It is now official. As of December 30, 2022 the term of protection for copyrighted works will be extended by 20 years to match earlier extensions that occurred in the United States and Europe.
Starting on that date, copyright protection will expire 70 years from the end of the civil year during which the author of a work passed away. In the case of works of co-authorship, the starting point of the calculation is the end of the civil year during which the last surviving coauthor passed away. Distinct rules providing for longer terms of protection for anonymous and pseudonymous works are already in force.
This amendment does not have the effect of “reviving” copyright for works already in the public domain at the time of coming into force. In other words, the author or last surviving coauthor of a work must have passed away at the latest on December 31, 1972 to gain 20 extra years of protection. All works that remain protected by copyright will benefit from this amendment.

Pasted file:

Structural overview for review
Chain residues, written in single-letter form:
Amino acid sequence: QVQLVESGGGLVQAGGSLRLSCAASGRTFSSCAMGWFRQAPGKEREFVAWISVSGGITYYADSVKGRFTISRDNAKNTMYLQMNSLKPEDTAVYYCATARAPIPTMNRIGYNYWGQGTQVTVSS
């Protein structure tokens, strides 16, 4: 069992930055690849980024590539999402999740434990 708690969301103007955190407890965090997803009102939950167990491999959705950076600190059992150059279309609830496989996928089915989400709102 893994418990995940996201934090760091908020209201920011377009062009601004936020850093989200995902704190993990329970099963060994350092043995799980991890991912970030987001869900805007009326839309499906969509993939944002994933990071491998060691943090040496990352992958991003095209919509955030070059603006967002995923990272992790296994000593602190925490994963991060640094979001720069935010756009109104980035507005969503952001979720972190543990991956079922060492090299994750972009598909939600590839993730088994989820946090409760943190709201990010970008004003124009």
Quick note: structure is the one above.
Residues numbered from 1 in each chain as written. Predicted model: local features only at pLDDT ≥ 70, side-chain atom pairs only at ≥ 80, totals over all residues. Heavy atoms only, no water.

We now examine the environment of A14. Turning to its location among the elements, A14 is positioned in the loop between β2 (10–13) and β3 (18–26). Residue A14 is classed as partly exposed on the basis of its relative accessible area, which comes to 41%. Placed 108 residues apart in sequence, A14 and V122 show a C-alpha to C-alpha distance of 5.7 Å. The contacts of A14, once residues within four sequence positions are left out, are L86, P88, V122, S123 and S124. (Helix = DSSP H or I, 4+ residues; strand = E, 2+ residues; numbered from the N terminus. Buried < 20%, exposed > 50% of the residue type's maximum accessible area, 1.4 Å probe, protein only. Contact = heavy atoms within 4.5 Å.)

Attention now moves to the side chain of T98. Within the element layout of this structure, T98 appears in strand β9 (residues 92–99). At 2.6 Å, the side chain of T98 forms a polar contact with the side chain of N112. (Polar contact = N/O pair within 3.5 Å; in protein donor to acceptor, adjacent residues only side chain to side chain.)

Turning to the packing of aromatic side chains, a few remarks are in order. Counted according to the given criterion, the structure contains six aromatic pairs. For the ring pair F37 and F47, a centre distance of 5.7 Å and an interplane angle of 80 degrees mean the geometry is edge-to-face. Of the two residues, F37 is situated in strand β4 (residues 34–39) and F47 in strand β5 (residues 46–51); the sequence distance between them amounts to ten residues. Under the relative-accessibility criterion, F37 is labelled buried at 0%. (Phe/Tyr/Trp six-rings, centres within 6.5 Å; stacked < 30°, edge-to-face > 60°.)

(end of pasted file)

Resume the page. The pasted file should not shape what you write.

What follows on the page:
While this is a positive development for copyright owners, this development only amplifies a key pitfall of copyright law in Canada. Canada’s copyright legislation continues to provide for a “reversion” of rights 25 years from the death of an author. This only applies if the author was the first owner of copyright in the work. This will occur, however, in almost all circumstances, except if a work is created by an employee as part of their duties. This is because Canada does not have the same broad set of “work for hire” rules that exist in the United States of America.
No steps need to be taken for rights to revert to the heirs or legatees. This occurs automatically after 25 years. They can then exercise their rights as copyright owners against all users of a substantial part of the work, subject to the exceptions provided by law. The extension of the term of protection effectively means that the term of protection subject to “reversion” grows from roughly 25 years to 45 years.
It is impossible to contract out of this reversion for Canadian copyrights. The only options are either to insure that important works are systematically developed in the course of employment or, failing this, being named as a legatee in the will of the relevant authors – which may be no small feat. If, perchance, a Canadian Court recognizes that US “work for hire” rules have legal effect under Canadian copyright laws, that may be another avenue. There is however some controversy about whether this is possible.
In the end, a longer term of protection may translate into a string of headaches for some owners of copyrighted works.